Ha ha, okay, so maybe I'm a little behind on my updates. Returning from Japan left me with a lot to do and not much time to do it in, so I've been putting off updating the blog. However, I now will finish the job. Yikes, can you believe I originally intended to go back and put in more detail on the last entry? Not anymore. It will be enough just to finish this sucker off. Ah well.
Okay, this was the first day on the trip that I found myself feeling miserable. I woke up and felt quite ill. I couldn't figure out why. Had I not slept enough? Perhaps I was hungry? Either way, I just felt exhausted, sore, and generally unhealthy. There was no helping it, though; I was going to church! Hooray for my first trip to church since arriving in Japan! Maeda-sensei agreed to take me to this large (for Japan, apparently) Presbyterian church in town. It's a shame he himself is not a Christian, but I figured this was a good opportunity for him to at least have some exposure. He picked me up and off we went. One of the members, an older man, knew some english and translated as much of the service as he could for me. Actually, it turns out most of the 100 or so members were older. I saw very few people under 30, and I could count on one hand the number of people under 20. Oh well. Seeing a Japanese church was a cool experience, even if I couldn't understand a word of it. It was pretty much like any other traditional church service.
Returning from the service was a blessing. I had been feeling light headed the entire time, but by the time I returned, I thought I was going to just fall over. Yasushi ate a light lunch with me, but reminded me we were going to the park to meet Fujiko for a picnic at 2. The lunch helped some, so I thought I would be all right.
We left and arrived at the park to find Fujiko and another family there, with the children off playing. I talked with them a little, and ate a little bit of food, but I spent the afternoon napping in a chair off and on. They kept offering me food, but between my tiredness, my sore back, and my queasy stomach, I wanted nothing to do with it. I ended up leaving about 4, with Yasushi guiding me back. I returned, and slept then from 5 until 7. I awoke and prepared for bed and finished watching "The Fujitive" (Yay for movie channels in english!) and then went back to sleep. I was definitely sick.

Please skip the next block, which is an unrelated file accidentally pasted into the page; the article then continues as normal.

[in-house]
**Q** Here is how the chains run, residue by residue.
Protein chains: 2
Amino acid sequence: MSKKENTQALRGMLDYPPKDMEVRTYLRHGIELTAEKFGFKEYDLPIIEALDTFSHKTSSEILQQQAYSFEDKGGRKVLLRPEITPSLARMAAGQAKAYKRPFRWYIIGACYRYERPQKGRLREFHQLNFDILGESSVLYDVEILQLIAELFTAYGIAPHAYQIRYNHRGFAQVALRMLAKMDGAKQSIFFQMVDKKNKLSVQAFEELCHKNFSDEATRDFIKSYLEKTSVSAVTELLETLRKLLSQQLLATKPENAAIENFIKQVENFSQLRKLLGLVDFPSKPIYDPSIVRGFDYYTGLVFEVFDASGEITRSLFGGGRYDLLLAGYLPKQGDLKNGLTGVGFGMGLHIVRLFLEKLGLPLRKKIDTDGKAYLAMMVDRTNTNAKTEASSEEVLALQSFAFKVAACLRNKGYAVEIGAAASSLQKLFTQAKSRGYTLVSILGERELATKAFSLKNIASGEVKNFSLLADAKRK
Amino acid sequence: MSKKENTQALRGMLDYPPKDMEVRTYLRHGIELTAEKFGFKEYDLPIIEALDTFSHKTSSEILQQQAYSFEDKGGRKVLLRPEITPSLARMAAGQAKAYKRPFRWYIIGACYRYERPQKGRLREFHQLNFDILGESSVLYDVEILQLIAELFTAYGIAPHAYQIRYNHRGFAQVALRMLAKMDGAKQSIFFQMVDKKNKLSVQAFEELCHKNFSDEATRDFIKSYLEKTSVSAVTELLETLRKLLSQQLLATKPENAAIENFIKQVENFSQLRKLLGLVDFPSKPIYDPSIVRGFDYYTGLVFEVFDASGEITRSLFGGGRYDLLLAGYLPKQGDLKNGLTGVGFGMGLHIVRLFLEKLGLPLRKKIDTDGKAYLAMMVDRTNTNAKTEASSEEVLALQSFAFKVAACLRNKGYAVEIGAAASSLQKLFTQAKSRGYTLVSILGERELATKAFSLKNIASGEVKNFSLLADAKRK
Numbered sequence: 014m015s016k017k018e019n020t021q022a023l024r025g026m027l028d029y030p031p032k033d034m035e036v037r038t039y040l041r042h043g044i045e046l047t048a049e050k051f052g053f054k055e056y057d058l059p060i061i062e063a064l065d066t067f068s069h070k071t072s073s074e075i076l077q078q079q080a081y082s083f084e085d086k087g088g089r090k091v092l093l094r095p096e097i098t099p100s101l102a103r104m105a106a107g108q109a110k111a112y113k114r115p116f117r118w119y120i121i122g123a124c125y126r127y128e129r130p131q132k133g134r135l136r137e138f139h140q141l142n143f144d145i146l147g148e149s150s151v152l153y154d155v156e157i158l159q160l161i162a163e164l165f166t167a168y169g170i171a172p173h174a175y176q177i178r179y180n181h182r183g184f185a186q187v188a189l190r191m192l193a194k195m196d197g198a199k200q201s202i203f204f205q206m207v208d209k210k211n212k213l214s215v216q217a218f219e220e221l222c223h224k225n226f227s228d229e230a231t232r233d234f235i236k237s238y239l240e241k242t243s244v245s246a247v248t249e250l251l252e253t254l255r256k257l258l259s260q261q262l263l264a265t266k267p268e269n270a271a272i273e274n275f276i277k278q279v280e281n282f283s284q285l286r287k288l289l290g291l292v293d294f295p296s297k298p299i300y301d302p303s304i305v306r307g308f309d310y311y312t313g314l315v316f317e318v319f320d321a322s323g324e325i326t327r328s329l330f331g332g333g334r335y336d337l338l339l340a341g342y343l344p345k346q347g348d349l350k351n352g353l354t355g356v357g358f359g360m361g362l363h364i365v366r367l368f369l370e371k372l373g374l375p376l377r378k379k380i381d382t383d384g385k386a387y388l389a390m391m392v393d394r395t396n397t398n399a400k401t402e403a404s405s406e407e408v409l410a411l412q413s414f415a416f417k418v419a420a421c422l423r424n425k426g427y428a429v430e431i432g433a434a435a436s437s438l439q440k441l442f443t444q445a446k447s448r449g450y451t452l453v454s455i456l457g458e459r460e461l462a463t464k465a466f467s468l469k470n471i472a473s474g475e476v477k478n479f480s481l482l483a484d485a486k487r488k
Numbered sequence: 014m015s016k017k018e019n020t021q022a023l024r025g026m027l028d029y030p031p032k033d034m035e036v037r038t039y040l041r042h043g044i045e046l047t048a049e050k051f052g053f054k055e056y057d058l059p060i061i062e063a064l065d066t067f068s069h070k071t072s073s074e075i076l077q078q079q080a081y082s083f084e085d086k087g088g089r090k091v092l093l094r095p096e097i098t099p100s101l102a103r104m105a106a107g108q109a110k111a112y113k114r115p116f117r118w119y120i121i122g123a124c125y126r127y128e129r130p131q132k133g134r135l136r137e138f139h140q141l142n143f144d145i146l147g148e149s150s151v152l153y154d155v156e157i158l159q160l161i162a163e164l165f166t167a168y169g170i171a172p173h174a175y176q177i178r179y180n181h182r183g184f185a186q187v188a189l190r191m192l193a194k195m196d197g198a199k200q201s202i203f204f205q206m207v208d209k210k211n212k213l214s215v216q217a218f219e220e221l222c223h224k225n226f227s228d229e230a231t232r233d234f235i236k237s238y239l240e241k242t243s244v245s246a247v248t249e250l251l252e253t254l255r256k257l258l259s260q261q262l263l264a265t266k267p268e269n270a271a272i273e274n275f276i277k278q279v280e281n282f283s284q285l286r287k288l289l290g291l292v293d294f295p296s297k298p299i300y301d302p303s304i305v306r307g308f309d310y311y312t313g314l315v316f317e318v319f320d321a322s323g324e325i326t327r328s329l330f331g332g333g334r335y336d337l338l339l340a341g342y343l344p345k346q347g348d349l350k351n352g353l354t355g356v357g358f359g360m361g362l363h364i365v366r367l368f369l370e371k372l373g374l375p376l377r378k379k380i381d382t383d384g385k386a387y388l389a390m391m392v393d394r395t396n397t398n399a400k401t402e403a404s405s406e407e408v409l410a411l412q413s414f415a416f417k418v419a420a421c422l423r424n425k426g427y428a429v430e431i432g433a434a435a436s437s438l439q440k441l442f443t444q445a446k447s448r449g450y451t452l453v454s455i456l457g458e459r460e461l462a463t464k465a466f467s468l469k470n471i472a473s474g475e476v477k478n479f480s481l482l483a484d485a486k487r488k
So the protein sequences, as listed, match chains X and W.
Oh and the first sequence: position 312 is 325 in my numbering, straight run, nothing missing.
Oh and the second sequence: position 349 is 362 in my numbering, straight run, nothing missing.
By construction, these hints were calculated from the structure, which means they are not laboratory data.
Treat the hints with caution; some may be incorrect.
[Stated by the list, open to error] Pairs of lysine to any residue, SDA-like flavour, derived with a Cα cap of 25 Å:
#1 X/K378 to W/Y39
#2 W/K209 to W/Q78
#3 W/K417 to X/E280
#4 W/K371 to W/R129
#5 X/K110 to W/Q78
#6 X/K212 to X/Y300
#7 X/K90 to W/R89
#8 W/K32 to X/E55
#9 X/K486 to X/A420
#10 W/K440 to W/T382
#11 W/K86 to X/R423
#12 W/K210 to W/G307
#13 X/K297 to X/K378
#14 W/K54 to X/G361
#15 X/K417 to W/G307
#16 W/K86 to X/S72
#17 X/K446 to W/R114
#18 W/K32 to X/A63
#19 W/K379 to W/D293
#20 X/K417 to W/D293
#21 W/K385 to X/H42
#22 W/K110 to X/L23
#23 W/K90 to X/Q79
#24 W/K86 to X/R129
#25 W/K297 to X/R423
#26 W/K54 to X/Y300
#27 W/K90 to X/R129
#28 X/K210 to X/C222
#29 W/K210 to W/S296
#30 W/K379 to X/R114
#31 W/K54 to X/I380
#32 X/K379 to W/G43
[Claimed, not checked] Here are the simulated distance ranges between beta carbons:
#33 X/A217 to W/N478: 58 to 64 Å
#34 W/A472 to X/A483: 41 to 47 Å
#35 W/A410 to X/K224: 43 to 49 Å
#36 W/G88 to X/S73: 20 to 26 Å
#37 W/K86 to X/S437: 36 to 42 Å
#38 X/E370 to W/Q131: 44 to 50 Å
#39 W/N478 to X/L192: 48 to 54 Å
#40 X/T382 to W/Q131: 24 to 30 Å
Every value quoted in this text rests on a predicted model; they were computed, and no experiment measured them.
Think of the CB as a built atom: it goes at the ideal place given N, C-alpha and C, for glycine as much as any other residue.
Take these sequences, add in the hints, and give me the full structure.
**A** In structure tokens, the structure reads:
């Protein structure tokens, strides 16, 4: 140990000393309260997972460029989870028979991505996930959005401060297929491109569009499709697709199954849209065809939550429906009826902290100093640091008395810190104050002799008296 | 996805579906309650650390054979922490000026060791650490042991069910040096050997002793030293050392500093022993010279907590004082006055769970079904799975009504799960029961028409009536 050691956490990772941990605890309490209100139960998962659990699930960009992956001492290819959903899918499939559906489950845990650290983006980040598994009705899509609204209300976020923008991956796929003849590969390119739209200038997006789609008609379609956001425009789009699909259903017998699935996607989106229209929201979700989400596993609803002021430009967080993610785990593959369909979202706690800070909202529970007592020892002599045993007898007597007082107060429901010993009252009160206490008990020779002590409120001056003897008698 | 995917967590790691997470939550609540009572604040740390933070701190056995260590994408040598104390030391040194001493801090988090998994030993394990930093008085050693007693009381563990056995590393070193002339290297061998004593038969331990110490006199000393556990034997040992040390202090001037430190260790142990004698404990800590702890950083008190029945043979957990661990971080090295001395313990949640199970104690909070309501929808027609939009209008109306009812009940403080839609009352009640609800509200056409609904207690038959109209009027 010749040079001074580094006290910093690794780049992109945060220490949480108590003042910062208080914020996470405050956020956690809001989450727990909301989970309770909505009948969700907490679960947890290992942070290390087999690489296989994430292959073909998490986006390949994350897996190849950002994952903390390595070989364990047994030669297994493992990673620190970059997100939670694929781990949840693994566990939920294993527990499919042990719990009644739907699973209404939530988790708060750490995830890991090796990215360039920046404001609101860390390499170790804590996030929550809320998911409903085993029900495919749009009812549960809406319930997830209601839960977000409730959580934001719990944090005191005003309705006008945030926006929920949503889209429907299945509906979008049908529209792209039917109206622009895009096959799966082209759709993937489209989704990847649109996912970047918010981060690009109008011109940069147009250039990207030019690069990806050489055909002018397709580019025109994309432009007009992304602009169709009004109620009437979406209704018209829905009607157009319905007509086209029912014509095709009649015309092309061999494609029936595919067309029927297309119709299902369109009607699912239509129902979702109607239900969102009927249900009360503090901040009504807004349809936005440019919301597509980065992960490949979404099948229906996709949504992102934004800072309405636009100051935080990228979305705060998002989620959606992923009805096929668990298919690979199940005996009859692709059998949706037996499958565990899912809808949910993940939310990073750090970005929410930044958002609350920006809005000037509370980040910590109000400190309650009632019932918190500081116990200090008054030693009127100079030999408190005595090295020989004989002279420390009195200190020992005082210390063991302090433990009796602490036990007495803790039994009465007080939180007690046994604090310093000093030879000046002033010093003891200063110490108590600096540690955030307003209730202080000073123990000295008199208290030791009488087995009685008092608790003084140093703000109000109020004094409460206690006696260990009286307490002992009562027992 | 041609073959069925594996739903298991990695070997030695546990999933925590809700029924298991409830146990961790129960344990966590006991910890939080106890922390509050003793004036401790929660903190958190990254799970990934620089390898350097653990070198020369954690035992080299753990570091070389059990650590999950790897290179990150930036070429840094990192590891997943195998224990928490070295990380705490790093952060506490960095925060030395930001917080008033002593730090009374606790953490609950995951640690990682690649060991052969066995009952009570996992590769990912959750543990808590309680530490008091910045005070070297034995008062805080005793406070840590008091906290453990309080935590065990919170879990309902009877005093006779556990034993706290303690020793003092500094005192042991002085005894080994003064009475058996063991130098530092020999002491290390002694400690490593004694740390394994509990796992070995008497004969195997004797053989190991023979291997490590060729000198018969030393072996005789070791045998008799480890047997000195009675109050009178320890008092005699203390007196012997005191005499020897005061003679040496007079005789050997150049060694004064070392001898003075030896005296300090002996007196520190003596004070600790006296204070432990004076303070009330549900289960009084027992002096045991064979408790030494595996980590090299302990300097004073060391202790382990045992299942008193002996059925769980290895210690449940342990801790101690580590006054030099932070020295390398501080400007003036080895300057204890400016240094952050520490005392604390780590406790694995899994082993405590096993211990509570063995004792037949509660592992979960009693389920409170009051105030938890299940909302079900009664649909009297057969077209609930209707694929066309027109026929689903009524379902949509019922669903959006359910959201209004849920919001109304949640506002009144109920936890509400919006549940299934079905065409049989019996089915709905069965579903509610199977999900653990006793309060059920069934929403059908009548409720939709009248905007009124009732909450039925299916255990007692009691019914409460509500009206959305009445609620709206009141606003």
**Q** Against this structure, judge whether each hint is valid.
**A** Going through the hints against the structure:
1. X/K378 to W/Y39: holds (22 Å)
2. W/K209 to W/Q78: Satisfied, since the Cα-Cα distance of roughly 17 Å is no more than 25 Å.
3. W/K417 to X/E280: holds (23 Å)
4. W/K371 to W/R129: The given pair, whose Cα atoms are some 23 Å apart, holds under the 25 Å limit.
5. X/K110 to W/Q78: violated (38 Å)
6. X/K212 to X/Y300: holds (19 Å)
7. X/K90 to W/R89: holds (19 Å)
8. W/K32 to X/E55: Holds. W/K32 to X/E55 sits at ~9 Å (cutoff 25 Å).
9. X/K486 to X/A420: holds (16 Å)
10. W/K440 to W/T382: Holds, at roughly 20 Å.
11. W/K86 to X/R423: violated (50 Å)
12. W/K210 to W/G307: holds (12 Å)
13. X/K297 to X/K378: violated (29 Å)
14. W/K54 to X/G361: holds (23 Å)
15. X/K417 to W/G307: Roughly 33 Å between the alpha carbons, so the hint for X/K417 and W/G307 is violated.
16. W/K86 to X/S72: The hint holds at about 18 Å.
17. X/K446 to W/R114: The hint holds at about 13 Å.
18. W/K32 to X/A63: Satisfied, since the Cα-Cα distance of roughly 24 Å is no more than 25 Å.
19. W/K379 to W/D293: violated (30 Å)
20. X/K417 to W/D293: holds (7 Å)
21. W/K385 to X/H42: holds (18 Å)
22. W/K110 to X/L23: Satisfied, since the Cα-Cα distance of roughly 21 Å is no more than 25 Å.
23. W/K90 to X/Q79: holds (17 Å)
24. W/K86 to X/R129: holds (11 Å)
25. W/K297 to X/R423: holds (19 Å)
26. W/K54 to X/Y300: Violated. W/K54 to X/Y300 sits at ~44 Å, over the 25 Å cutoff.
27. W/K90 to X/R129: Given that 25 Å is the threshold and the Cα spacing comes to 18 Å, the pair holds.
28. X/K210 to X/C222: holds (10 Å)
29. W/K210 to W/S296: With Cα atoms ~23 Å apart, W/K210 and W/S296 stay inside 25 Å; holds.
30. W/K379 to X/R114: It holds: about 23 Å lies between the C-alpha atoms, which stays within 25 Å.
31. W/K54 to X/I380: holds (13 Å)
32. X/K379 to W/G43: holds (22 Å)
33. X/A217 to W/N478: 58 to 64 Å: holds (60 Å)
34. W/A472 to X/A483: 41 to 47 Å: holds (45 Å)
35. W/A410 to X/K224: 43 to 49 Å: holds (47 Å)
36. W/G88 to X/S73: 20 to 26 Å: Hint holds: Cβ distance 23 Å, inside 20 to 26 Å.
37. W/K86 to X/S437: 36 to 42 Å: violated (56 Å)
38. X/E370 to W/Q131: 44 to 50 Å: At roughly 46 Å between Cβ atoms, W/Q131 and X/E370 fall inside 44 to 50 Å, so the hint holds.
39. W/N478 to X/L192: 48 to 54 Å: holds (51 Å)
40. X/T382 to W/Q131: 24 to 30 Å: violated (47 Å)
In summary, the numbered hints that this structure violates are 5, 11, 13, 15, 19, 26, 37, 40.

By this time, I knew I was sick with something. I woke up and felt miserable again. Thankfully, I had no class until 1, and Fujiko wanted me to stick around so she could run errands. This was a fine opportunity to take a nap. Sadly, I slept on my hands, and when I woke up, Fujiko walked into my room to see me attempting to wake my hands up, waving them around and grasping at nothing. Ooops. Getting to class was then quite miserable. During class, I was so out of it that Fujikane-sensei surely noticed the funk I was in. I was barely coherent, much less teachable. Yikes. I went back right after class (another miserable ride) and rested the entire evening.
Tuesday did not fare much better. I felt much better and much livelier (is that a word?) . . . at first. After class in the afternoon, my stomach began to ache horribly. I thought the ghost of my appendix had returned to torment me, until the truth came out . . . pun intended. Let me just take a moment now to say that I apologize for nothing; having gas is part of being human and it really affected me at this point in my trip.
I spent my time after class that day sitting at home and trying to get rid of gas the natural, God-designed way :-)
This was a full day. It started with lunch on the quad with some of the Japanese students. "Jingis kan." Ha ha. It was fun, though socialization is hard when you don't speak much japanese, and the other don't speak much english. Someday, I will return with more and get so much more out of the trip. In any case, Dan and another guy were taking shots out of some bottle that was 110 proof or something. He was pretty buzzed by the time we made it to class later. What a loser.
It was after class that I found out that Aggie, one of the Chinese girls, broke her nose the night before. It made for an awkward moment when Dan and Young were comforting their respective girlfriends and I sat at the computer, wishing I wasn't in the room. I wanted to visit her in the hospital (she had to have surgery to fix this), but nobody ever took me to go or told me where it was she was staying. Grrr.
We had to write speeches in class for the farewell party given by the university that night. We arrived with our speeches, Fujikane-sensei translated, and we left. Wee . . . waiting for the others was boring. She did buy us gifts, though. How very thoughtful!
That night, at the party, I was a celebrity again. I took more pictures with people I hadn't seen since the welcome party (or even at all!). We gave our speeches, and apparently my pronunciation and rhythm is butt-kickin'! We saw a recorder group play, our host families gave speeches, we received gifts . . . it was a grand, if somewhat dull, occasion. Saying good-bye was hard, but all things must end.
On a side note, my gas was even worse this day. I had to do some very creative work at the party, let me tell you . . .
This day was really bad. First sickness, then gas, and finally full-blown diarrhea. I just knew the food was going to get to me at some point or another. I stayed home the entire day. I didn't want to leave at all. This was sad, though, because I was to go see a museum with the man who had translated at church for me on Sunday. I felt bad for cancelling on him, but there was no way I was going anywhere. By the evening, I felt a bit better, and went with Fujiko to the Hippo meeting. This was actually fun for the first time. I was sad to say good-bye, but it must be so.